I personally use a credit card and spread it evenly across the CPU. Works for me.

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Posted

Just reading all the answers and replies, I'm not sure what this "air bubble" thing is? I've buit 100's of PC's and have always spead the thermal past evenly across the CPU and I've never once had an issue doing it this way! I've bent a few CPU pins along the way, by dropping the CPU while putting it in place, but not once have I had any issues applying paste using the afforementioned method.

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Posted

[quote name='ThunderBuddy' timestamp='1349363084' post='595225233']
This is how I do it.

[media]http://www.youtube.com/watch?v=TnyoJtv9Cx0[/media]
[/quote]

rofl

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Posted

I've always spread it out, this way I know there won't be too little or too much, i get the perfect amount for perfect coverage and contact every time. I always get great temps this way as well.

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Posted

[quote name='Nagisan' timestamp='1349363882' post='595225255']
Awesome.....although that did lead to a nice video of why you should use the pea method

.[media]http://www.youtube.com/watch?v=-hNgFNH7zhQ[/media]

Basically the line method works but will more easily fall off the edge, the spreading a thin layer method increases the chances (significantly) of getting air bubbles. The pea method doesn't do either of that and is much easier to do.

I've used the pea method and have never had any heating issues on my CPU unless I go crazy overclocking without throwing on water cooling.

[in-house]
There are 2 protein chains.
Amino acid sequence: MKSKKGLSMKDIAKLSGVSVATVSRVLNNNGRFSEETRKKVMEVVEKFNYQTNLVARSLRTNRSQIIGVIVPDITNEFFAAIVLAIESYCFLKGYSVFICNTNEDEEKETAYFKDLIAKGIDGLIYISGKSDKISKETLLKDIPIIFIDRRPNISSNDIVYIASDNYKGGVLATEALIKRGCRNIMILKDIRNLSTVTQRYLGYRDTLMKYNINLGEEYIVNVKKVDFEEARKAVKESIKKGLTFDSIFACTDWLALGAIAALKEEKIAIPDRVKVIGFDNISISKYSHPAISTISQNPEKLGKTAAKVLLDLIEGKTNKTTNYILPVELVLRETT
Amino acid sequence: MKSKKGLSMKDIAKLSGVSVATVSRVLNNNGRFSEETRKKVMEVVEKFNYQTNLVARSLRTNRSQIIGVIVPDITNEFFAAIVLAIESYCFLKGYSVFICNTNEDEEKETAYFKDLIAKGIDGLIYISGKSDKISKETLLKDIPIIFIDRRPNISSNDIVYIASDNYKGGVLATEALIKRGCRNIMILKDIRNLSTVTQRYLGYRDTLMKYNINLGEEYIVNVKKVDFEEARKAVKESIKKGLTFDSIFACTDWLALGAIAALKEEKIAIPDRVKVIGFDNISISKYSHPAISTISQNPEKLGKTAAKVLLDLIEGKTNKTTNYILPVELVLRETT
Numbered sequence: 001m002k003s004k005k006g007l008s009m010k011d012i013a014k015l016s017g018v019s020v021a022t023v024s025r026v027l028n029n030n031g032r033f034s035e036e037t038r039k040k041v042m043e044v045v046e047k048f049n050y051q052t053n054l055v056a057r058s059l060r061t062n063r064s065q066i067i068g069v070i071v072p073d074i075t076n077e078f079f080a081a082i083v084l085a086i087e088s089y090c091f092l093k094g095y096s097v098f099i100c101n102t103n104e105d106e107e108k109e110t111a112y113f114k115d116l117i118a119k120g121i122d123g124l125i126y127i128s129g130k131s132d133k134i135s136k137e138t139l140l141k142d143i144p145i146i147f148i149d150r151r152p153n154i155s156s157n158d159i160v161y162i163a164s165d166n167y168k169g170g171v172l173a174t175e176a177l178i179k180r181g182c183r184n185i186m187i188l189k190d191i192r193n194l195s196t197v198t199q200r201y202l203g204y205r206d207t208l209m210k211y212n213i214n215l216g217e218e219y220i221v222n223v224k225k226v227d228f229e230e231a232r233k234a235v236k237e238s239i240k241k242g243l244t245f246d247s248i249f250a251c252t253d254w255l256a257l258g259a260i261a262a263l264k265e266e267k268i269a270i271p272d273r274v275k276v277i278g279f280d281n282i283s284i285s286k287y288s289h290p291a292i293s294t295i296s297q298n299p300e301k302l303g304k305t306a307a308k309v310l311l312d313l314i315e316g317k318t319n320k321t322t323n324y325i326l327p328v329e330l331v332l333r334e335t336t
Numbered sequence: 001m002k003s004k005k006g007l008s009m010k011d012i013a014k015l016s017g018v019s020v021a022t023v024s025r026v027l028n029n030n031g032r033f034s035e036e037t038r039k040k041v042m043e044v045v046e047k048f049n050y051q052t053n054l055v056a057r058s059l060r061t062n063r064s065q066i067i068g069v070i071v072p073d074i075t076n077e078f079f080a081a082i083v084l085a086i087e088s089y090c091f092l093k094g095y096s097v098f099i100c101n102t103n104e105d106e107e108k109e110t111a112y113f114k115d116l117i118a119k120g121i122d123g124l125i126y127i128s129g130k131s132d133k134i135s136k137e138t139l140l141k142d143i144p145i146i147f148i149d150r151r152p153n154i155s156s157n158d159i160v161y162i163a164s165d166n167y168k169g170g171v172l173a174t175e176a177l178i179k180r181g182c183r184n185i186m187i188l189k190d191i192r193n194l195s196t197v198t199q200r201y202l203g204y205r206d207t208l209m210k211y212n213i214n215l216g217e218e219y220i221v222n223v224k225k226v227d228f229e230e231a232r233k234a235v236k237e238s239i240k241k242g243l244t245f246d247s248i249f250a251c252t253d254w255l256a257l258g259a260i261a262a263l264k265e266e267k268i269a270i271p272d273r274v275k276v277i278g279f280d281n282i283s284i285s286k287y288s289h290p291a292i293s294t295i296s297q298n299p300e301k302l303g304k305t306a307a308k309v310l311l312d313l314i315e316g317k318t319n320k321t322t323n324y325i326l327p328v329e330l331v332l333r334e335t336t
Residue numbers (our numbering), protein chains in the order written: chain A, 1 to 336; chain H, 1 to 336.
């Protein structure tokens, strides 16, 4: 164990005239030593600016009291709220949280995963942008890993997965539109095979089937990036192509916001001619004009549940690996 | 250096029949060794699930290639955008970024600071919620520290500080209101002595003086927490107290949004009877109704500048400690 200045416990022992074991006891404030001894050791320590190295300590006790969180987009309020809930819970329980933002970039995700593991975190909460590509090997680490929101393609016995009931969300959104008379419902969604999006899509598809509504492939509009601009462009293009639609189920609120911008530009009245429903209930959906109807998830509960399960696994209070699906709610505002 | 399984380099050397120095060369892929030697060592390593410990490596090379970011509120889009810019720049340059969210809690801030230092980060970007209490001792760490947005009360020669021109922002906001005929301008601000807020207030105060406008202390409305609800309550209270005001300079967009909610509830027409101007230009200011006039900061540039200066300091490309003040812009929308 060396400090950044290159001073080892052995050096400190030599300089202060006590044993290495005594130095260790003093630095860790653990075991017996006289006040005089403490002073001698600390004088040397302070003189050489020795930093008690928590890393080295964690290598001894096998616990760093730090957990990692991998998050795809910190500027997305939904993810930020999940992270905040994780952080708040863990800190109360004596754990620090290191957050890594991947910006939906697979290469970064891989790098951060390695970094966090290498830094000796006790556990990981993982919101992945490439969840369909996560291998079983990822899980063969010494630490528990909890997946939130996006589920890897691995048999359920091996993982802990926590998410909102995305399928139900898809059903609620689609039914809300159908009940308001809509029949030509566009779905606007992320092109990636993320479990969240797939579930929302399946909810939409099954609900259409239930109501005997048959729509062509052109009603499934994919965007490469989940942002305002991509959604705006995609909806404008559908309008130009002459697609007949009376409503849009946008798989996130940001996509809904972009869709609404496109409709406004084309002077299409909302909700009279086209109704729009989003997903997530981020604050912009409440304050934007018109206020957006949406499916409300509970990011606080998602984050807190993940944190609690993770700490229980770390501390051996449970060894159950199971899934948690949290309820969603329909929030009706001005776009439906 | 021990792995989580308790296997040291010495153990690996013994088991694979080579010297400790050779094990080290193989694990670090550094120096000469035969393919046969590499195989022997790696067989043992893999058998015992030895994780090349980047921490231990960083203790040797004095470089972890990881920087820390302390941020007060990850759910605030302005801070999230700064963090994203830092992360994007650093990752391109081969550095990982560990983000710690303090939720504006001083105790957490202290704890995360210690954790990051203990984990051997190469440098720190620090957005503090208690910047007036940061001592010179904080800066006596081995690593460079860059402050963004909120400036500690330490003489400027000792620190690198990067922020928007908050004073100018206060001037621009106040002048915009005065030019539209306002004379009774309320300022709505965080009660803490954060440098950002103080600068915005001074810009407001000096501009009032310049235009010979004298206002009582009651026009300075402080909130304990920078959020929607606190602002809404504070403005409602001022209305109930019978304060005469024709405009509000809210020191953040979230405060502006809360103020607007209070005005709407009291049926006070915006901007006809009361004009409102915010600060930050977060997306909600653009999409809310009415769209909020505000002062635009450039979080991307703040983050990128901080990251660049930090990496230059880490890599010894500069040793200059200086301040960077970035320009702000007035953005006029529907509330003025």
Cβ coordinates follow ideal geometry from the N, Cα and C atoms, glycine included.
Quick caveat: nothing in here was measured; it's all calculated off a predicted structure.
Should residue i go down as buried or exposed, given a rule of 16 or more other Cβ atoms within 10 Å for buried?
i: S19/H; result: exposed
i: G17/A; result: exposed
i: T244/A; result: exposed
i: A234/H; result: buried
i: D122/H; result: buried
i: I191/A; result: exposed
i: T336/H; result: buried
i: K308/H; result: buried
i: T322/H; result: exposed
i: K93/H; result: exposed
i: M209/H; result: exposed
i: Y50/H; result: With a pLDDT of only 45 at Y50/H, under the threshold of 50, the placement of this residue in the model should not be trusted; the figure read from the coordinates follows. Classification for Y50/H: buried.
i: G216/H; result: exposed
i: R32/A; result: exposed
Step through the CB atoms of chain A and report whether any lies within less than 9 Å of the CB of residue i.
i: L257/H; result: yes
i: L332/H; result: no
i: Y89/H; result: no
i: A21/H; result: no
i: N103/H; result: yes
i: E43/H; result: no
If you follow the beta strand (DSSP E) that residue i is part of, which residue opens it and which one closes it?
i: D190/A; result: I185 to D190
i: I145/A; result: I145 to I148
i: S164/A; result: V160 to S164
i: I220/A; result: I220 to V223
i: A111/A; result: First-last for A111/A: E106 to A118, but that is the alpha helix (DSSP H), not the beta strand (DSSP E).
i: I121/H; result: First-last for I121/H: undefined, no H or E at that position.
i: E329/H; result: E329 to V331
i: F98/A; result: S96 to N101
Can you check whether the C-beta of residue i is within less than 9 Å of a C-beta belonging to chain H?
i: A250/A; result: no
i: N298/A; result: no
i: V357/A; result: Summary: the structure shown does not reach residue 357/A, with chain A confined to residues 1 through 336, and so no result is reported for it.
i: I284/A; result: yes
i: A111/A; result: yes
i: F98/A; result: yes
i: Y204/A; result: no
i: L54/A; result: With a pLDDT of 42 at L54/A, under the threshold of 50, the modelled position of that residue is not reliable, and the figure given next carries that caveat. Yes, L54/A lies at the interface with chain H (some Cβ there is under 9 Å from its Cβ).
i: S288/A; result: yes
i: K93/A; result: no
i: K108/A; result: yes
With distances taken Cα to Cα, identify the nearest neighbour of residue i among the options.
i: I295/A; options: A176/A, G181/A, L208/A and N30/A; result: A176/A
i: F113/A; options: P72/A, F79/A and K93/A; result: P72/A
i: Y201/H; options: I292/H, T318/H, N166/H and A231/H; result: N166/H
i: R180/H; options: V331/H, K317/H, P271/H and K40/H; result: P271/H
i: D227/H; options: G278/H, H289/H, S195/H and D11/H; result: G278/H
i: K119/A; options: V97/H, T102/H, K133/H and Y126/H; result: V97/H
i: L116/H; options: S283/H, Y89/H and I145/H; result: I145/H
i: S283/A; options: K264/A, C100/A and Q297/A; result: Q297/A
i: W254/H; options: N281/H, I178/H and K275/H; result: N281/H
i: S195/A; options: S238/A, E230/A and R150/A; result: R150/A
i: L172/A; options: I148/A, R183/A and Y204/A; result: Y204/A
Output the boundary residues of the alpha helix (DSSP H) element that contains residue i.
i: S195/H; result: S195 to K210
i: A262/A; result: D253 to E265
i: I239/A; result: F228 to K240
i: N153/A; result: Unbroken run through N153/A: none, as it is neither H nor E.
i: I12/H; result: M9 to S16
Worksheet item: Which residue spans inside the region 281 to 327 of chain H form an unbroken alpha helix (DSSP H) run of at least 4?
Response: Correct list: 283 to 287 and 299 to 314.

[/quote]

nice test, i've used the "spreading a layer" method and moved on to the "whirlpool" method, still never had overheating issues, but now it seems that the pea method is more efficient. gonna try that.

[quote name='ThunderBuddy' timestamp='1349363084' post='595225233']
This is how I do it.

[media]http://www.youtube.com/watch?v=TnyoJtv9Cx0[/media]
[/quote]

lmfao poor abit board!

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Posted

Single "pea sized" dot in the center is the general recomendation (multiple manufacturers suggest this procedure). Here is a page that gives examples of various issues with application methods:

[url="http://www.innovationcooling.com/applicationinstructions.htm"]http://www.innovationcooling.com/applicationinstructions.htm[/url]

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Posted

Well the first thing I'd do is clean the chip with TIM-Clean or IPA so it's perfectly clean.

Then I just put a small blob on the centre of the chip. The pressure of the heat sink should be enough to give it an even spread.

Some people use spreaders, but I don't.